Dispatches > Quick Takes

Quick Takes

Issue: "The fewer and the proud," April 23, 2005

Hard drive

On April 7, an Anchorage, Alaska, man drove his car up over a sidewalk and rammed it into a wall at the Division of Motor Vehicles (DMV) building. Then he walked inside, paid $20, and renewed his driver's license. The impact dented the building's exterior metal siding, cracked an inside wall, and frightened DMV accounting workers sitting inside. "I saw the guy back up, get out of his car, and walk into the DMV like nothing happened," employee Michelle Steinman told reporters. Police believe the man was impaired on medication and charged him with driving under the influence.

Tricks are for kids

An anonymous website operator hopes web surfers will send him $50,000. The hook: He says if people don't send him that much money by June 30, then he'll kill and eat a cute rabbit named Toby that he found injured and nursed back to health. A man claiming to run savetoby.com told The Washington Post that he and a business partner had "received hundreds of death threats" and that their warning was not a joke. The site claims donations of about $25,000 so far, although PayPal, which ran the site's account until February, won't verify private account information.

Quality care

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Darrell and Nina Hallett of Bainbridge Island, Wash., spent $45,000 on a single procedure to help cure their dog Comet's lymphoma. The golden retriever needed a stem-cell transplant, and the couple reportedly hired a friend to track down Comet's 40 closest relatives for blood work. Then she flew to Florida to pick up a dog named Rico, the best match, and fly him back to Seattle to donate stem cells to his ailing relative. Now, months after the transplant, doctors say Comet's cancer is in remission.

Nasal congestion

The Hong Kong Medical Journal reports that a woman, one month after a 2003 hiking trip, went to a Hong Kong doctor because of recurring nosebleeds. The problem turned out to be a two-inch leech that had attached itself inside her left nostril, apparently when she swam or washed her face in a stream during the hike. Doctors then examined her fellow hikers and found that one of them also had a leech in his nose without realizing it. The article, published in this month's journal, discusses the need for anesthesia to remove live leeches from nasal passages: "Direct removal of a live leech might be difficult because of its powerful attachment to the mucosa and its slimy and mobile body."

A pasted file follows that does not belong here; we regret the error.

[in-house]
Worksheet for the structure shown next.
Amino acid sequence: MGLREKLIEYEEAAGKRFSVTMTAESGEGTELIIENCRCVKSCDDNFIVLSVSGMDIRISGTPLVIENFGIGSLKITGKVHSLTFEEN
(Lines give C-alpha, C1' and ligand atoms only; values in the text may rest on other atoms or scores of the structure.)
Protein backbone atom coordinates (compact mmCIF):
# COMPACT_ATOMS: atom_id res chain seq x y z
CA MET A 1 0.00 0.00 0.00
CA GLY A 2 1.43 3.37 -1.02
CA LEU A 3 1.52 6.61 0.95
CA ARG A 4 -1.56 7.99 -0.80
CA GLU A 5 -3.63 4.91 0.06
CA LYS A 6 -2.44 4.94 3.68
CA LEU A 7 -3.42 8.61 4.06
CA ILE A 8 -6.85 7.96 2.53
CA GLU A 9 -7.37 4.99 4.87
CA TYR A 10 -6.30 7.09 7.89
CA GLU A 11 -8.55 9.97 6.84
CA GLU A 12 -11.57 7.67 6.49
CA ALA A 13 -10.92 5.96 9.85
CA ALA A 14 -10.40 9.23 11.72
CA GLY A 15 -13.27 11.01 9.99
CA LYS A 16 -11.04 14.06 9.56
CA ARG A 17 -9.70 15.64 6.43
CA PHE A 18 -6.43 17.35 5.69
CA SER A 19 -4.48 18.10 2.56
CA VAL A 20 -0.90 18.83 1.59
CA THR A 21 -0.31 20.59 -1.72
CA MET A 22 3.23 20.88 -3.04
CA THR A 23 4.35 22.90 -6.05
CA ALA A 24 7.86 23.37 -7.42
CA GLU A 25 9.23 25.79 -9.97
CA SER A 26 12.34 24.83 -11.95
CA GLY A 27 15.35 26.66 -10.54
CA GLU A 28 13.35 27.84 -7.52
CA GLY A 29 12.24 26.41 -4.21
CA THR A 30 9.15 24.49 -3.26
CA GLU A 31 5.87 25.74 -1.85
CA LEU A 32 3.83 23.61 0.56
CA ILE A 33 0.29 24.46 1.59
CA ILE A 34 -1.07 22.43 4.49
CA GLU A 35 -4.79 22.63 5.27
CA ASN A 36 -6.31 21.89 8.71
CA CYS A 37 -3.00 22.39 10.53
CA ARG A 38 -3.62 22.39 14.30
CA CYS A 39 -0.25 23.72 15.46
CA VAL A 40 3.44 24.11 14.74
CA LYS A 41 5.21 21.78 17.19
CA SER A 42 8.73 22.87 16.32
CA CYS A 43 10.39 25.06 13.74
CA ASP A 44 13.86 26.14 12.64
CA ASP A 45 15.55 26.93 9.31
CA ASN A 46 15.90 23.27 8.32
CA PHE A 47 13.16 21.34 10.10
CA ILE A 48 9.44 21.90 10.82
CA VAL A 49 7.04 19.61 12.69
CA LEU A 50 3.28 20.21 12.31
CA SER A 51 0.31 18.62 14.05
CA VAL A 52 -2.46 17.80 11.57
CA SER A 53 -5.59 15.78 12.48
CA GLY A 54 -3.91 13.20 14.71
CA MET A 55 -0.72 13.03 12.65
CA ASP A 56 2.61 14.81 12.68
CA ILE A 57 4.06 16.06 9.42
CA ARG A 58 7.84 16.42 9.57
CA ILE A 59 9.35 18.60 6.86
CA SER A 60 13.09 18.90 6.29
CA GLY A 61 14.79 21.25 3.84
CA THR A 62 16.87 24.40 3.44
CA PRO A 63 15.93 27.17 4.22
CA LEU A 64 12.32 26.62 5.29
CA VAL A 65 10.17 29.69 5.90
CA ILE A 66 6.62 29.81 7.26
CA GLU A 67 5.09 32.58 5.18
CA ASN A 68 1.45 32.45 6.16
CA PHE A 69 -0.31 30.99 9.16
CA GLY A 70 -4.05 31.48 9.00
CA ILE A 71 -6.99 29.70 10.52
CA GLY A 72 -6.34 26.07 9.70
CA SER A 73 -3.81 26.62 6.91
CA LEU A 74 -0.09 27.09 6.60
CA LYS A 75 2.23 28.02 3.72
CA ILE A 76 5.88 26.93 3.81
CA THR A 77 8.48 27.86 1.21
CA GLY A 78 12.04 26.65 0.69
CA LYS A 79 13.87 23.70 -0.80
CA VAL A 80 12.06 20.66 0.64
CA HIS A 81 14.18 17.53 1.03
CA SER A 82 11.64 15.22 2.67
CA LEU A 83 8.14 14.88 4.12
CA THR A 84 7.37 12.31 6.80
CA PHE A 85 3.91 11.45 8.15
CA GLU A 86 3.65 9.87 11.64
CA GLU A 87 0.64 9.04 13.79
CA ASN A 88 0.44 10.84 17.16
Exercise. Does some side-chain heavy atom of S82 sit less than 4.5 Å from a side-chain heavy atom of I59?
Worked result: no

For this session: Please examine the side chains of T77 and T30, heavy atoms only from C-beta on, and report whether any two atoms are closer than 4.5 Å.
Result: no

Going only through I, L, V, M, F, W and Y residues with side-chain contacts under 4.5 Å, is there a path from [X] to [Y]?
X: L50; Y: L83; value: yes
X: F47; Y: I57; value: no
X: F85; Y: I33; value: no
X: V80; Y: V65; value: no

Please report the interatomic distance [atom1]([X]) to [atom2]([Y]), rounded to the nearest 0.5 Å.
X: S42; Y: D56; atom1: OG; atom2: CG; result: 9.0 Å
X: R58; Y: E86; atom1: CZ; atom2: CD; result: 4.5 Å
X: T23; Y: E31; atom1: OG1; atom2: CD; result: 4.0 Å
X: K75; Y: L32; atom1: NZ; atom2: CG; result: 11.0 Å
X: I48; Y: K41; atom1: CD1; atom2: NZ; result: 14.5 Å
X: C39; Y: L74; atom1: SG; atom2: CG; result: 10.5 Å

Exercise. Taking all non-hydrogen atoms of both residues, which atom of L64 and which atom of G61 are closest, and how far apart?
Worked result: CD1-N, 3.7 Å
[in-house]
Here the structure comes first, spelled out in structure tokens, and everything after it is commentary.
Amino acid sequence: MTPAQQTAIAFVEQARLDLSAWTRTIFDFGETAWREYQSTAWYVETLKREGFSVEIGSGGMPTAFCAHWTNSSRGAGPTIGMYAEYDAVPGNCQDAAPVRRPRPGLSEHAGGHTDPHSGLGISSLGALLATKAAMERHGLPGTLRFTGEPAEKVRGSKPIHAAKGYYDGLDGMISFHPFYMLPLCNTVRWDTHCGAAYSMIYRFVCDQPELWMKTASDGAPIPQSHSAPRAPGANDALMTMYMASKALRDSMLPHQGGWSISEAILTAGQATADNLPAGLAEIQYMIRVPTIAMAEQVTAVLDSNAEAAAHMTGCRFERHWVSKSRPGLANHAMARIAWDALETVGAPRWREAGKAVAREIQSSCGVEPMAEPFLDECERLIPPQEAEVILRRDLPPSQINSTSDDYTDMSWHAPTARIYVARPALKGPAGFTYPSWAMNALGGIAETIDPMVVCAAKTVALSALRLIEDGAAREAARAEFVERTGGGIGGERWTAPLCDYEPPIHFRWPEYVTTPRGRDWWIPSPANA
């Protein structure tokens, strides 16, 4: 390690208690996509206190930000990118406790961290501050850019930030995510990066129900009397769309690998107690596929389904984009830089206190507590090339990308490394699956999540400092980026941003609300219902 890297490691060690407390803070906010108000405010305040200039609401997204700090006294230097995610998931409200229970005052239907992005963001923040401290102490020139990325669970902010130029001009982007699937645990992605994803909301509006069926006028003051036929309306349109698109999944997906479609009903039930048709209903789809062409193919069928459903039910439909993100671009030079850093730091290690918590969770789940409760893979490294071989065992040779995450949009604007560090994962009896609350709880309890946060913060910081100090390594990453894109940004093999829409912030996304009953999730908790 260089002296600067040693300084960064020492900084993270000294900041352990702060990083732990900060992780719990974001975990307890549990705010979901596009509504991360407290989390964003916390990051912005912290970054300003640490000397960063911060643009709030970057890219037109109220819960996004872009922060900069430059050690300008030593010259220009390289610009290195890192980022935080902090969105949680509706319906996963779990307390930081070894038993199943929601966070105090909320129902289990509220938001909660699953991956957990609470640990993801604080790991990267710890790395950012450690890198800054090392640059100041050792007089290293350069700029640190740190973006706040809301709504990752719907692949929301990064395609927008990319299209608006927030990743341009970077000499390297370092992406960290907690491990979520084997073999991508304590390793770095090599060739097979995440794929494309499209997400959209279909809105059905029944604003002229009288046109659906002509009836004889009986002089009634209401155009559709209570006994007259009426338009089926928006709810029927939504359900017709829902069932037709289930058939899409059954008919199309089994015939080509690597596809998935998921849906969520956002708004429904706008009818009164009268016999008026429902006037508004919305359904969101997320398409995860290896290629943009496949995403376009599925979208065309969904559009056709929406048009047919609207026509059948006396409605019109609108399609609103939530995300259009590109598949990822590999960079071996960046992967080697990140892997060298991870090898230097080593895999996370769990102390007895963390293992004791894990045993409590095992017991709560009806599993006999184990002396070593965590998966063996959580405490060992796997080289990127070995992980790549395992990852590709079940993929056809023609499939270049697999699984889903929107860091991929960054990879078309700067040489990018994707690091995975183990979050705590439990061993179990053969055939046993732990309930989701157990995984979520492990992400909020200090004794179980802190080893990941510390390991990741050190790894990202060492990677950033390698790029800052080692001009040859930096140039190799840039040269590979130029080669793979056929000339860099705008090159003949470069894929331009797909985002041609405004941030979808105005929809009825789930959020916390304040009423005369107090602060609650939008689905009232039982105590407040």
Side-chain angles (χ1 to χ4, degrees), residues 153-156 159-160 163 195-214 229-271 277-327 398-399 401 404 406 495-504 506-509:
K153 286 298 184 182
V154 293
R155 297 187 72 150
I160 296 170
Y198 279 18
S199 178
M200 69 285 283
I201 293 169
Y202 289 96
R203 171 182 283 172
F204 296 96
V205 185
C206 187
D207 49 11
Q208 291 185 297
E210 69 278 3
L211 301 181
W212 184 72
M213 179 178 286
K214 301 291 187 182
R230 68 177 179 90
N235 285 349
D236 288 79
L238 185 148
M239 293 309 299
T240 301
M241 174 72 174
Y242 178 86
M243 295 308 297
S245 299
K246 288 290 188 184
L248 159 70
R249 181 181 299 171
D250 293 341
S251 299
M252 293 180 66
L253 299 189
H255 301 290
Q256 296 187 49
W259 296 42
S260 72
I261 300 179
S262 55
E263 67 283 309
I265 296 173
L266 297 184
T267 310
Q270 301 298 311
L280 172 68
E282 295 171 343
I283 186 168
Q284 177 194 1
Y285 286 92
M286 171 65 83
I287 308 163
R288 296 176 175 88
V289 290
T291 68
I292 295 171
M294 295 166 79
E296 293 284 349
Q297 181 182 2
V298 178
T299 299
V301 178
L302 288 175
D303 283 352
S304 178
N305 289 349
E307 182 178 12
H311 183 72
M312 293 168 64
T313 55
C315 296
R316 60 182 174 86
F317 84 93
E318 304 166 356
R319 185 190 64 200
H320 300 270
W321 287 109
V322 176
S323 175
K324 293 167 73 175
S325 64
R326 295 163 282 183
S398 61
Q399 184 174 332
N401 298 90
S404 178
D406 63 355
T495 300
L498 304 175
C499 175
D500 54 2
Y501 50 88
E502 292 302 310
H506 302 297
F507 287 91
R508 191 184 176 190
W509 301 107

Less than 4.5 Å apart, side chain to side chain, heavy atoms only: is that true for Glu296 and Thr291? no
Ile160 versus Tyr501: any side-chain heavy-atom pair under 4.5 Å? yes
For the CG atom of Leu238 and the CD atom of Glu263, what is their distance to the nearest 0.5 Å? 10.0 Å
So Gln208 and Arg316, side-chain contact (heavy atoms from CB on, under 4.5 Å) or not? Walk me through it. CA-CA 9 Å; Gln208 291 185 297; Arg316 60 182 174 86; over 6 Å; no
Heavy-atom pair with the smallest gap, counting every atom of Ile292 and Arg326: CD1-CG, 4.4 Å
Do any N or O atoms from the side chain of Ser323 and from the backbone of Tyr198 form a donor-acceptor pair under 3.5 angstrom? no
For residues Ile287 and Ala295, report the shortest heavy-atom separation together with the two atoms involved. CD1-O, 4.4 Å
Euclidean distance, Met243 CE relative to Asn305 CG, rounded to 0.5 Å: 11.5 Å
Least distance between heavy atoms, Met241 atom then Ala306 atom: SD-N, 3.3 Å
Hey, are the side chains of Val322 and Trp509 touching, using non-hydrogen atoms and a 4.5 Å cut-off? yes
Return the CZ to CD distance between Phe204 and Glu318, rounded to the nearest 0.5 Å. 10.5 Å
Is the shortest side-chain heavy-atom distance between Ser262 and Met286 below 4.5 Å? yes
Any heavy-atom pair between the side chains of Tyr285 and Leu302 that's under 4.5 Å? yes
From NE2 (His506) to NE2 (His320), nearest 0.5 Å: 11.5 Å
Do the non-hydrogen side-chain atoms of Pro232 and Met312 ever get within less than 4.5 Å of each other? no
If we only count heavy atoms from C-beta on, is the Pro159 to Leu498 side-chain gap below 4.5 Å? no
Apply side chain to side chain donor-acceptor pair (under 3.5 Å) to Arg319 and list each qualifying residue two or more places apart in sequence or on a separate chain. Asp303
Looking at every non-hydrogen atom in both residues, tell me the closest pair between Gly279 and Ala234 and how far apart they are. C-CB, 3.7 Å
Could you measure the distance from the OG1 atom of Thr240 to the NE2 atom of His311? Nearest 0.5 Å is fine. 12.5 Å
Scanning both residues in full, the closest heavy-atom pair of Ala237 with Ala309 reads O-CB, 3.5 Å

Self-incrimination

Thomas P. Budnick is trying to get an assault conviction in Massachusetts thrown out on the grounds that his lawyer was incompetent. His new lawyer says the trial judge should have known that a man who had once claimed mining rights to Mars and threatened to sue NASA for trespassing was not stable enough to provide adequate counsel. Mr. Budnick should know: In the original trial, he had represented himself.

Protected turf

When an uninvited guest took up residence outside the U.S. Treasury Department in Washington, D.C., Treasury officials wasted no time calling in the Secret Service. But the agents' mission was not to evict the intruder; it was to set up metal guard rails to protect her. That's because the guest was a mother duck making a nest for her eggs. Treasury Secretary John Snow has already stopped by to visit the nesting bird and department officials are suggesting nicknames for the duck and her chicks, including "T-Bill," "Duck Cheney," and "Quacks Reform."

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